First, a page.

It is interesting to note that green was an expensive color until the advent of synthetic dyes. There are natural dye sources that dye greenish but none that truly make a green. Instead you have to dye the yarn or fabric twice – once in indigo/woad and once or twice in yellow. Since indigo based dyes sit on the fiber and are not chemically bonded the same way most dyes are, it is tricky to know what order to dye. Do you potentially contaminate the indigo bath with yellow fabric or do you dye blue first and then dye it yellow? It is an interesting problem. I have found that dyeing blue over the yellow creates a blue fabric. Dyeing yellow over the blue I think dyes the indigo particles and thus yields a better green.
I have added indigo dyed fat quarters to my Etsy store. But the response has been lukewarm. I don’t think I am promoting them enough. I think folks are waiting to see what other colors I pull out of my dye pot. So here is a teaser of what I have been dyeing.
I use Kona Cotton fabric as that is what quilters tell me they like. The picture below is my semi-solids. The dyes were a combination of indigo and weld, madder, weld and indigo.
Next is shibori patterned using Pomegranate rinds.
And finally, my favorite, shibori with madder.
I am thinking of putting these into bundles of 6 fat quarters. I am still trying to decide on a price. Any ideas out there?
Winterfair Columbus 2012 was my first real show. As a newbie I had a lot to learn and still do! Since this was my first show I was lucky to break even, especially since the number of attendees was lower due to good weather.
I have to thank my husband, Bob, and my daughter, Maggie, for all of their help getting things ready, setting up/tear down and encouragement. A big thank you to my friend, Michelle, who first suggested I apply to Winterfair and then helped work my booth Friday and Saturday. And yo Kim and Constance for sharing their experience. And another big thank you to my fellow vendor, Mikelle Hickman-Romine, who was great at keeping my spirits up and completely redesigning my booth. She is also a fantastic jewelry artist and you should totally check her out!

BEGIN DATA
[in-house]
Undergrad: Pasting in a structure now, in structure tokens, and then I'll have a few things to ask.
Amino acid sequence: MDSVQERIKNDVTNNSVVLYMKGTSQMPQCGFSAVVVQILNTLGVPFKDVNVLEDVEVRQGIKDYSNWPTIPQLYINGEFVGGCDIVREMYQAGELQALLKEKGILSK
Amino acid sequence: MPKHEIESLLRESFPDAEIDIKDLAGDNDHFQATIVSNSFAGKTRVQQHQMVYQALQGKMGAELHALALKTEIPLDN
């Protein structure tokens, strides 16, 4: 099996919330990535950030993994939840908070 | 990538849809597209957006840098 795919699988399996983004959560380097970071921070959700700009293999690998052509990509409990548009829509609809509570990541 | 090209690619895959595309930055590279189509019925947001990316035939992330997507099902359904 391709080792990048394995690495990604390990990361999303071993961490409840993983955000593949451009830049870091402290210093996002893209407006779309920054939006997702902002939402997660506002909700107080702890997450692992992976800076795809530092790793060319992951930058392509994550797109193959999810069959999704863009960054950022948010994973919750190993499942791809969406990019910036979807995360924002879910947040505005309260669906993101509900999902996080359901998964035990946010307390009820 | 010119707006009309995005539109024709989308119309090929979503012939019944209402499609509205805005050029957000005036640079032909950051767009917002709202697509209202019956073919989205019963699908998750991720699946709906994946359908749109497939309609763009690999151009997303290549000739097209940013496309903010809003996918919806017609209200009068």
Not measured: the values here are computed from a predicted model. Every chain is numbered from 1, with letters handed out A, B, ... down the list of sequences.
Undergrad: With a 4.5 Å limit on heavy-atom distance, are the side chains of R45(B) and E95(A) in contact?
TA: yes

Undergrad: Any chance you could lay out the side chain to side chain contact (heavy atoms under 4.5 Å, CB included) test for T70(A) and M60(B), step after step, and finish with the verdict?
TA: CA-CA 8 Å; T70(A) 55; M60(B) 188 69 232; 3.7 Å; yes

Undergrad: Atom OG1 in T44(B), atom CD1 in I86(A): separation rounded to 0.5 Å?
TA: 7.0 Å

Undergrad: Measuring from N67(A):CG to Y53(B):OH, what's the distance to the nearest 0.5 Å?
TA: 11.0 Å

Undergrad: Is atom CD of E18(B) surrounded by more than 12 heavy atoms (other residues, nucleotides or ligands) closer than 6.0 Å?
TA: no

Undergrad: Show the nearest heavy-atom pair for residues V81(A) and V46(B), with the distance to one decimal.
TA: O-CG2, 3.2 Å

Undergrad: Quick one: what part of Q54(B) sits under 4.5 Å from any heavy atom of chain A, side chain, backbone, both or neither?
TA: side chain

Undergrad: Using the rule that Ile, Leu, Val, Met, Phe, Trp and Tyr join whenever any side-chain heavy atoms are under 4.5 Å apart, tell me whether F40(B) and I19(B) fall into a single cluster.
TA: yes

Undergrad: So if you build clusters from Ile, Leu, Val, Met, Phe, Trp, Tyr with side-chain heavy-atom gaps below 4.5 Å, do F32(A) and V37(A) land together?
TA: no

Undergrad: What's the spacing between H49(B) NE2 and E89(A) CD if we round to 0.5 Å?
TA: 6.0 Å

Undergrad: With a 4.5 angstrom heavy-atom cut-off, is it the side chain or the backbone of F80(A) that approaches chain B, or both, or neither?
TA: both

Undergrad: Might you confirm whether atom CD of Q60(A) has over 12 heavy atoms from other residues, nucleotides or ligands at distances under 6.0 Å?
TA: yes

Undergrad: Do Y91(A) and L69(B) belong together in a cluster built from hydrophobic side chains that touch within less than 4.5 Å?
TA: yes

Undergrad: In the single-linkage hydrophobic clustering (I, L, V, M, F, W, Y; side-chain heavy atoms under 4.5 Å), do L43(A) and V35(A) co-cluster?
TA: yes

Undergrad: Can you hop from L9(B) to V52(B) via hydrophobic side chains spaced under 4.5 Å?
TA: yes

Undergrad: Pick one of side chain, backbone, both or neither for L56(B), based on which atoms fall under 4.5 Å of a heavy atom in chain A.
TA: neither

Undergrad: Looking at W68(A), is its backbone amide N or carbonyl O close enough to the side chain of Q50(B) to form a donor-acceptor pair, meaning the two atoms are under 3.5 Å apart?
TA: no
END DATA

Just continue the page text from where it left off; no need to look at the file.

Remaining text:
Here are some if the things I learned:
Budget early and expect to spend more. There is always something else you are going to need at the last minute. Plus supplies to make 200 scarves are not cheap! And budget your time as well. Life happens and will put you behind where you want to be.
Plan your lighting. It is a good idea to do a dry run and set up your booth with lighting to know the length of the extension cords needed. And buy cool, color-corrected light bulbs. It makes a difference in the colors in your booth.
Weather is something you can plan for but not control. Hope for cold, clear days for a winter show. We had 60 degrees in December which reduced traffic by a large factor. People were putting up lights instead of shopping.
Have something small and inexpensive in your booth. I did not and that reduced the amount of traffic I had. I am adding some hair clips to my product line, made from shibori-dyed ribbon. Hopefully that will help.
Customers don’t like white walls. We redesigned my booth Saturday evening to change the heights of my racks and cover as much of the walls as possible. The result was more traffic on Sunday.
Food and water will be waaaaay overpriced. Bring as much as you can. I had a hungry teenager helping me and I swear I spent more feeding her than I made!
iPad and the Square Register app is the bomb. Really. It makes it easy to make buttons for your products and discounts so all you have to do is click. I am giving serious consideration to an iPad Mini with a data plan for next year.
Don’t expect to make a profit your first show. You will have a lot of expenses to recoup and breaking even is an accomplishment. I about broke even. Shows in the future will be easier to profit from (in theory) as I will not have as much investment needed aside from booth fees, supplies and travel expenses.
I broke even. That was an accomplishment. And I reached my dream of being an artisan at a major venue. So there is that. While I was a bit disappointed at first, I realized that both accomplishments are something to be proud of.